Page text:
Cmdr Roy Allen (seated) of Naval Air Station - Whidbey Island signs the first federal service contract with New Leaf in 1973.
How it all started
New Leaf was founded in 1969 by parents who wanted to provide gainful employment for their developmentally disabled adult sons and daughters. They performed a variety of labor related services such as greenhouse gardening, mowing lawns, and even digging graves in cemeteries.
New Leaf's good reputation earned in those initial grounds maintenance contracts caught the attention of Naval Air Station - Whidbey Island (NASWI), and in 1973 New Leaf was awarded the first Federal Service Contract initiated under the Javits-Wagner-O'Day Act of 1971 (now known as AbilityOne).
It was the first time a federal agency contracted to purchase a service from people with disabilities. That pioneering contract with NASWI was for 83 acres and $59, 411, and New Leaf has successfully maintained it to the present day, making New Leaf the holder of the oldest active federal service contract under the AbilityOne program in the United States.
The New Leaf grounds crew in the 1970s with push mowers.
Throughout New Leaf's history, starting as a family-based service consisting of six men with push mowers, New Leaf has remained committed to its values--providing employment and opportunity to adults with disabilities--and its goals: to advocate for adults with disabilities, to provide opportunity through employment, and to serve customers with lower-cost, higher quality services delivered with a can-do attitude.
Today that original grounds maintenance contract with Naval Air Station - Whidbey Island is for 1.7 million dollars. New Leaf employees over 100 people and serves several contracts for over 500 acres of grounds maintenance, janitorial services at nearly 100 NASWI buildings, and restaurant attendant services at the Admiral Nimitz Galley.
Additionally, New Leaf contracts with the Defense Commissary Agency at NASWI and at Naval Station Everett for commissary shelf stocking and custodial services.
For over 50 years New Leaf has prided itself on serving the community and fulfilling its mission of helping adults with disabilities achieve independence and quality of life through employment.
New Leaf's headquarters in the 1970s and 80s.
New Leaf employees drive riding mowers in an Oak Harbor 4th of July parade in the 1990s.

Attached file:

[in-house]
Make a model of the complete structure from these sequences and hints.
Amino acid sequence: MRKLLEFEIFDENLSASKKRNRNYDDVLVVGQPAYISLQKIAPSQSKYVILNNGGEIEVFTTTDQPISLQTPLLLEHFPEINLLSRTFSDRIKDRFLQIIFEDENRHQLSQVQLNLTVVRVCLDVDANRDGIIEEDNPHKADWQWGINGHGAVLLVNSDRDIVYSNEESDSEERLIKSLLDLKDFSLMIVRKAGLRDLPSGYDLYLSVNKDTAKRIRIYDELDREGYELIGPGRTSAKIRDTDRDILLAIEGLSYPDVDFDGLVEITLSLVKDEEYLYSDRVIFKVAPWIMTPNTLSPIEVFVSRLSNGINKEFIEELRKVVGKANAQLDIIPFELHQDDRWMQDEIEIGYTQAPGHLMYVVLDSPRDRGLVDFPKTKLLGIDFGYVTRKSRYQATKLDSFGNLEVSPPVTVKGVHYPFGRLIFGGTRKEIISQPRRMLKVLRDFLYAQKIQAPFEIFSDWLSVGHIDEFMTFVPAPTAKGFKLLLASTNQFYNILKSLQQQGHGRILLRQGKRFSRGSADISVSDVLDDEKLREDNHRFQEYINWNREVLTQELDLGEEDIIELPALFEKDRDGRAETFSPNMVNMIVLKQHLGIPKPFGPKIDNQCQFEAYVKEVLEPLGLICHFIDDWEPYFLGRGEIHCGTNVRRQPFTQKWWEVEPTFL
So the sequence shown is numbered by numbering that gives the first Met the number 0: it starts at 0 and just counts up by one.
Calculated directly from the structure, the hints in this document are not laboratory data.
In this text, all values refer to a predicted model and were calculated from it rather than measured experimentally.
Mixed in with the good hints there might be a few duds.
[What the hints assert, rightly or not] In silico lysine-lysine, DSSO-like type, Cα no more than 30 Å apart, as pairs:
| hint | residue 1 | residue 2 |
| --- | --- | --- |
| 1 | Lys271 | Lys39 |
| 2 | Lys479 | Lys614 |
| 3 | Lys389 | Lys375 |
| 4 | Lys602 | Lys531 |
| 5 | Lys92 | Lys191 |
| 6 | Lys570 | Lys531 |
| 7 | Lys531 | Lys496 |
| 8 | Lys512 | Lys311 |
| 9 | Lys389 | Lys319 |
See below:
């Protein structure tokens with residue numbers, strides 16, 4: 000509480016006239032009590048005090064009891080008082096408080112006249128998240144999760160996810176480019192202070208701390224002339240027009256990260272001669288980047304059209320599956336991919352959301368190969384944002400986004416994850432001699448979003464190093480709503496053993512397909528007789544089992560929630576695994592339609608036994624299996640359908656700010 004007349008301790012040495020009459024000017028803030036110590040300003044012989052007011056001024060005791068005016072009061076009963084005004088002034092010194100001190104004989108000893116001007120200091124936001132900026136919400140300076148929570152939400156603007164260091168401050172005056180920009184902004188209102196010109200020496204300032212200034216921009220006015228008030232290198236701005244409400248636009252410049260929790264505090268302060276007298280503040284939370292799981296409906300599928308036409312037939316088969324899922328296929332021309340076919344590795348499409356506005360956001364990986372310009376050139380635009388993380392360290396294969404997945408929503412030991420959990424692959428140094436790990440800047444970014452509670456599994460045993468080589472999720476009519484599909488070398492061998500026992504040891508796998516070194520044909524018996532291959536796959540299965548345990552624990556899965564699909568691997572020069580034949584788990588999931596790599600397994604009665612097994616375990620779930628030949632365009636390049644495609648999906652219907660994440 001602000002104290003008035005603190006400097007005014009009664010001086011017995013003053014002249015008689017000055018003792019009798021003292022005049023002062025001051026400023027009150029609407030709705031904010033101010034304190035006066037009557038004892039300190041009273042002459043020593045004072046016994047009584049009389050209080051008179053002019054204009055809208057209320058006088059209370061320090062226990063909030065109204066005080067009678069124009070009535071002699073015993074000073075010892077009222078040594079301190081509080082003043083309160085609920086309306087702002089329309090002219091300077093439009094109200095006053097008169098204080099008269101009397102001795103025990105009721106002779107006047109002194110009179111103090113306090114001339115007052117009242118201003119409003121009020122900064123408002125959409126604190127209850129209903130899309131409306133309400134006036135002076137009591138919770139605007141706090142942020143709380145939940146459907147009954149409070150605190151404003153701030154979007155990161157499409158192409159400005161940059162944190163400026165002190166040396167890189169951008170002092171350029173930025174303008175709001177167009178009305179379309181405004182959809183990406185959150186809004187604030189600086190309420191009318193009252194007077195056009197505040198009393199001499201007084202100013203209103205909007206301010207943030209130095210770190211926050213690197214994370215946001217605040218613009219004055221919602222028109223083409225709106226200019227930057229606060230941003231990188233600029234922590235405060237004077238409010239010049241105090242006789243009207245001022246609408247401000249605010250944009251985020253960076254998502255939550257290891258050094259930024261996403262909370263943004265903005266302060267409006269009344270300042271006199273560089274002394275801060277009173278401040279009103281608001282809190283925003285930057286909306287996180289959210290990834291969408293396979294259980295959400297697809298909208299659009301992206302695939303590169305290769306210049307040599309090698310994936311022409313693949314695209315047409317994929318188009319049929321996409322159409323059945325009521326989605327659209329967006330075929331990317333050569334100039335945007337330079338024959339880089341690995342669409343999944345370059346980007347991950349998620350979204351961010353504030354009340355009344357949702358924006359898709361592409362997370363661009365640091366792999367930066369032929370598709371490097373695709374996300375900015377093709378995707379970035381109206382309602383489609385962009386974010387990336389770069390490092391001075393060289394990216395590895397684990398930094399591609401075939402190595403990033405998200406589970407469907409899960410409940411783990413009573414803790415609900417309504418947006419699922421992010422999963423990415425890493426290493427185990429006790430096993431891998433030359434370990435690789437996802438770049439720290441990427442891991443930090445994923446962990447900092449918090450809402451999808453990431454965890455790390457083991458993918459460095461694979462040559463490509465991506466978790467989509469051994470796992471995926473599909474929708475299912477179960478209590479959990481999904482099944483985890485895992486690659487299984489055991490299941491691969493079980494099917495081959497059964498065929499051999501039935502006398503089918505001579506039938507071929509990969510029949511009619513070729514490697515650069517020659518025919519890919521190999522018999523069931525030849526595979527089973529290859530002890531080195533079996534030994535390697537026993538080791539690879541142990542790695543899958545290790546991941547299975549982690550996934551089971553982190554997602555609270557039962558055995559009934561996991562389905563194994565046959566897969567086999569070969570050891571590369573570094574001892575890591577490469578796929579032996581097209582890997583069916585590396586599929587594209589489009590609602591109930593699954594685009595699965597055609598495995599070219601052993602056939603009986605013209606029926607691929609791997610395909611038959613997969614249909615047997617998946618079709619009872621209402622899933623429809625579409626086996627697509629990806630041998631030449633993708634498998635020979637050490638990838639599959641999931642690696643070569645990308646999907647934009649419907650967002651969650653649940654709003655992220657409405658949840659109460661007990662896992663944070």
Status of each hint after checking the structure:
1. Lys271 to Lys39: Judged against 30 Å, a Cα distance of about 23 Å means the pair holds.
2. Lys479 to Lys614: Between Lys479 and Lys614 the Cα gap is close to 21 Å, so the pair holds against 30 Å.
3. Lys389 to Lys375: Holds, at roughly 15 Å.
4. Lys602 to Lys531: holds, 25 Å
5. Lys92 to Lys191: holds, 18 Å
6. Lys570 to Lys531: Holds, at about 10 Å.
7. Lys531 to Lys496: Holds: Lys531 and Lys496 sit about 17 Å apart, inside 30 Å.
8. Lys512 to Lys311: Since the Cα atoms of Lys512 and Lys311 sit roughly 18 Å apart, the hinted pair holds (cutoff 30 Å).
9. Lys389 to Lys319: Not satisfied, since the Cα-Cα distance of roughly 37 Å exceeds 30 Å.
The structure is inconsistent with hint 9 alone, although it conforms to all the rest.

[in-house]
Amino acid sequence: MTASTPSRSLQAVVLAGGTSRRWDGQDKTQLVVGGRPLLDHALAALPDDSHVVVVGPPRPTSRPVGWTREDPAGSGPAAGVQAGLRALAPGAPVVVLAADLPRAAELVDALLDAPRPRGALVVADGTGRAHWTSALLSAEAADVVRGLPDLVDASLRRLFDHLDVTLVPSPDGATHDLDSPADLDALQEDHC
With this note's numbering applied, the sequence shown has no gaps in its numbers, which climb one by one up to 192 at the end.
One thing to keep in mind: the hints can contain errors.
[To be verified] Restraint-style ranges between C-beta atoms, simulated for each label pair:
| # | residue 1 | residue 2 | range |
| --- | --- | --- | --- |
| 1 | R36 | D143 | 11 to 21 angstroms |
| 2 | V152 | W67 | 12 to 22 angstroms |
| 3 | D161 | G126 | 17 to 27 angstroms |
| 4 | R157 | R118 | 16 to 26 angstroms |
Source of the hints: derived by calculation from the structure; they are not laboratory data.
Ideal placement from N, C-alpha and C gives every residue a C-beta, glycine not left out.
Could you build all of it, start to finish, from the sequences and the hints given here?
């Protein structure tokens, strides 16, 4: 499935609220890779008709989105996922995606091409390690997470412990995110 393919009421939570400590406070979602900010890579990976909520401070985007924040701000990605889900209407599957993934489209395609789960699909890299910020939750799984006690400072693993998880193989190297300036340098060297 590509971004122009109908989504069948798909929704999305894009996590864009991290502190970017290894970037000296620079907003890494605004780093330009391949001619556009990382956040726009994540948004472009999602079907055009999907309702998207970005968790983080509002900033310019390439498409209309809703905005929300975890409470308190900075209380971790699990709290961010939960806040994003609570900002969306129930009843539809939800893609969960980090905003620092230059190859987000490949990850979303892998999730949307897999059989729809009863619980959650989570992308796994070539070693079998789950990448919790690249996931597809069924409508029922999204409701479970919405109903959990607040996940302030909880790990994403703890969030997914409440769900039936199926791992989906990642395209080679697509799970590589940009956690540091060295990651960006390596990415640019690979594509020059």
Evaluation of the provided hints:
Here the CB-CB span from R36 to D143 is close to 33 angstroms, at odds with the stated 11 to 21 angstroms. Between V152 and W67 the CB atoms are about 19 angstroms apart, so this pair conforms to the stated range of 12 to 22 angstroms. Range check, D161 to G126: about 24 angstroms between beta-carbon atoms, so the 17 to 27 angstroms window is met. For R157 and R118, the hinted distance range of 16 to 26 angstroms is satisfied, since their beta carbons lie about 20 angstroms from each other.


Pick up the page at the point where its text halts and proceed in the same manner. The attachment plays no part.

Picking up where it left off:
Quality Control and Safety Manager Mo Morrison with the new steam clean vacuum truck for Janitorial, 2004.
New Gator lawn mowers outside the New Leaf office, 2018.
The New Leaf Grounds crew in 2004.
New Leaf Board member Danny Paggao driving in the Holland Happening Parade in Oak Harbor, 2019.
NEW LEAF'S MISSION
To Promote Independence And Quality Of Life Through Employment
We support New Leaf employees by recruiting, hiring, independence, self-sufficiency, enhancing employment or transitioning to new employment when desired. We continue to educate ourselves, educate our community, advocate for our employees and help them advocate for themselves.
SERVING THE COMMUNITY
In 2019 New Leaf celebrated its 50th anniversary of service to people with disabilities and our community. Through the years, New Leaf has survived changes in politics and in programs and has evolved to where we are today.
New Leaf has diversified by providing grounds and janitorial services in the Oak Harbor community and we have recently acquired two buildings in order to expand our business opportunities, enabling us to employ even more adults with disabilities.
SERVING OUR EMPLOYEES
Employees and program participants have a broad range of mental, physical, psychiatric, developmental, and sensory disabilities as defined by the Americans with Disabilities Act (ADA). The type and severity of each employee’s disability helps determine the accommodations necessary to support successful employment at New Leaf or in the community.
Our employees receive a health and welfare benefits (as mandated by our Federal contracts) for medical, dental and vision. They also receive paid vacation and sick leave, life insurance and employer 401k matching retirement plan. People with disabilities hold administrative, supervisory and board positions.